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Why experts are surprised by Copenhagen's real estate market

Robin-Ivan Capar
Robin-Ivan Capar - [email protected]
Why experts are surprised by Copenhagen's real estate market
The Local spoke to Mira Lie Nielsen, the chief analyst at one of Denmark's leading financial services groups, Nykredit, to find out more about the property market in the capital. Photo by Isaac Fearnley on Unsplash

Recent price increases in Copenhagen that point to a resurgence in real estate market activity in the Danish capital, have left experts surprised. What's driving these developments?


The Danish housing market has seen a lacklustre start to the year, with a prolonged phase of dwindling real estate prices.

Just a few months ago, the majority view among industry experts in the country was that the market was going to be characterised by a sense of pessimism and falling prices in 2023.

READ MORE: What buyers in Denmark can expect over the coming months

But now, it seems that Denmark's housing market slowdown is beginning to lose its grip – at least in the Copenhagen area, where apartment prices are increasing again.

This turn of events has caught real estate experts somewhat off guard, and as the housing market landscape changes, the recent shifts are prompting a reassessment of expectations.

The main driver behind rising prices in Copenhagen

"In Copenhagen, we've seen a couple of months of rising apartment prices. That came as a bit of a surprise, but we think that what is going on is connected to the (property) tax reform - we see sales are up by a lot this year," Mira Lie Nielsen, the chief analyst at one of Denmark's leading financial services groups, Nykredit, told The Local.

"Yes, it's from a low level, but still, it's surprising. The supply in Copenhagen is low again; there's a new-found interest in buying," said Lie Nielsen. 


Why some are buying at higher prices

The expert explained that, due to the tax changes that are due to materialise in 2024, many buyers are looking to make a purchase by the end of this year – even at a higher price – to make sure they get to enjoy lower taxes in the years ahead (you can find all the details on Denmark's property tax reform in our in-depth explainer on the issue).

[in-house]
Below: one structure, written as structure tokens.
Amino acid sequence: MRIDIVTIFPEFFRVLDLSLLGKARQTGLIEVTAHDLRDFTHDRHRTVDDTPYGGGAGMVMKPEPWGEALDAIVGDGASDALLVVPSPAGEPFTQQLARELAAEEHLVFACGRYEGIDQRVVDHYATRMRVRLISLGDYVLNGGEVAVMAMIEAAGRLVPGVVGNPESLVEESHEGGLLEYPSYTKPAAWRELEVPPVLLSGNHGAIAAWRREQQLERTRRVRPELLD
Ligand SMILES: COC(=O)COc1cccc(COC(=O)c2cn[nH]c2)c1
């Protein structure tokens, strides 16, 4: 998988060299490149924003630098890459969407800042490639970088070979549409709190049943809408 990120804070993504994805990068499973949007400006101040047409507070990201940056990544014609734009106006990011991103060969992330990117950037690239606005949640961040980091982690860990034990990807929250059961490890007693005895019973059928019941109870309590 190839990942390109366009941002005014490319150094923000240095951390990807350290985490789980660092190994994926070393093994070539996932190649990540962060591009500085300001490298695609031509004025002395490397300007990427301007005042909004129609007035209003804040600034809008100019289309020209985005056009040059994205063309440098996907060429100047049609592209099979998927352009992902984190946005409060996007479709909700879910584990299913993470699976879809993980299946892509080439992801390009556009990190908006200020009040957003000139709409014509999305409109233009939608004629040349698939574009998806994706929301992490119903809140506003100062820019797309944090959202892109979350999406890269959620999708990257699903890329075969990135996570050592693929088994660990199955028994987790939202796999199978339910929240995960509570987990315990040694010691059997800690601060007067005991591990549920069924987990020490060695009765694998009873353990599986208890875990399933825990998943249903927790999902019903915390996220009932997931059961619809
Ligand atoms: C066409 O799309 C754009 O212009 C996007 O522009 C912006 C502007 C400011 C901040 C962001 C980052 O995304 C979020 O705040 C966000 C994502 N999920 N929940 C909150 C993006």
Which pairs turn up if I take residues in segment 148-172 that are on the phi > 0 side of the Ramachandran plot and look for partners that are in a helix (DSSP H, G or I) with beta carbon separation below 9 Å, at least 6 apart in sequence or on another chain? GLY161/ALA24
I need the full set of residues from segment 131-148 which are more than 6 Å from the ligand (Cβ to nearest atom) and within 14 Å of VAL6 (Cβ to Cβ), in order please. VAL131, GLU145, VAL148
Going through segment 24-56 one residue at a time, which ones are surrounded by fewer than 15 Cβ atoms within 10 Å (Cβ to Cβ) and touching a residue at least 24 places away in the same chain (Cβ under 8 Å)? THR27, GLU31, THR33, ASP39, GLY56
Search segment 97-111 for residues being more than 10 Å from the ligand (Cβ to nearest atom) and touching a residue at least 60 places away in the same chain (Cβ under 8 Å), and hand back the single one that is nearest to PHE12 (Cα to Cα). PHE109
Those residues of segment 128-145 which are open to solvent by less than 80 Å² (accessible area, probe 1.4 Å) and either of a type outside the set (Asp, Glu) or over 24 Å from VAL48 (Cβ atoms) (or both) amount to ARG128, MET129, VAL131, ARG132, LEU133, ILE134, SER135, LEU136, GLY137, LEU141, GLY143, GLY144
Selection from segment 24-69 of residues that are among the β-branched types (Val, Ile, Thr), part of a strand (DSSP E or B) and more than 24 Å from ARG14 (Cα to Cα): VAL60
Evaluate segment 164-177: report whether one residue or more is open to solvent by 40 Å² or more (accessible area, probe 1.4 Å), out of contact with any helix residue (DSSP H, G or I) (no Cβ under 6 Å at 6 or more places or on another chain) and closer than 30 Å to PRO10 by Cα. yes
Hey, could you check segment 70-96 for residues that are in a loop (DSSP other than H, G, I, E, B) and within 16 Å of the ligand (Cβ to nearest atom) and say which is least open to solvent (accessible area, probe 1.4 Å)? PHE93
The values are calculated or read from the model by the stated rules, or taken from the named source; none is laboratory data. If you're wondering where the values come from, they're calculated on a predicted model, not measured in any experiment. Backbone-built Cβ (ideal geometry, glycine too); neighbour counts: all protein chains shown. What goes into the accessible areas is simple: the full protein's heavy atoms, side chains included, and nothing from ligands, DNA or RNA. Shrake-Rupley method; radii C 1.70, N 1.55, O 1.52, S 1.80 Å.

"If you buy this year, you will be able to have an apartment to live in with lower taxes for many years. Next year, the taxes will rise significantly, so what we see now is a spike in temporary demand and interest in buying property in Copenhagen. So, even if you buy today at a higher price, you'll get the benefit of having a home for many years with a low tax…

"If you're a family and plan on staying in the same place for a long time, and if you can get a low-interest or fixed-interest rate mortgage, then you're in a good position to buy now - despite the high prices," Lie Nielsen said.

She also noted that this spike in demand and prices is unlikely to spill over into next year when Nykredit expects to see the effects of interest rate cuts and new real estate taxes.

"In Copenhagen, we expect prices to decline again next year," Nykredit's chief analysts said.


How Copenhagen plans to support first-time buyers

Despite the optimism many prospective first-time buyers felt early on in 2023, the current market in the capital is not looking too promising for those who are yet to acquire their first home.

"First-time buyers are not in a good position. The decline in prices close to 15 percent in Copenhagen – before the latest two months of small price increases – was not enough to outweigh the extra costs stemming from higher interest rates, so first-time buyers remain in a bad position," Lie Nielsen told The Local.

However, the local authorities in Copenhagen Municipality have recently invested a lot of attention to the issue of supporting first-time buyers.

A large majority in the Copenhagen City Council passed a proposal in late June that could lead to the introduction of a new form of housing ownership in Denmark's capital.

The new type of ownership would be a form of housing where buyers could acquire part of an apartment as owners while renting the rest over a few years until they eventually have enough capital to acquire the entire home.

The proposal, which was put forward by the Social Democrats (Socialdemokratiet), the Green Left (SF), the Danish Social Liberal Party (Radikale Venstre), and Venstre, was adopted with the support of all parties except the Liberal Alliance.

With the decision in place, the competent city bodies must now prepare a proposal for how the new form of housing ownership could be implemented in Copenhagen before the policy can formally be adopted.



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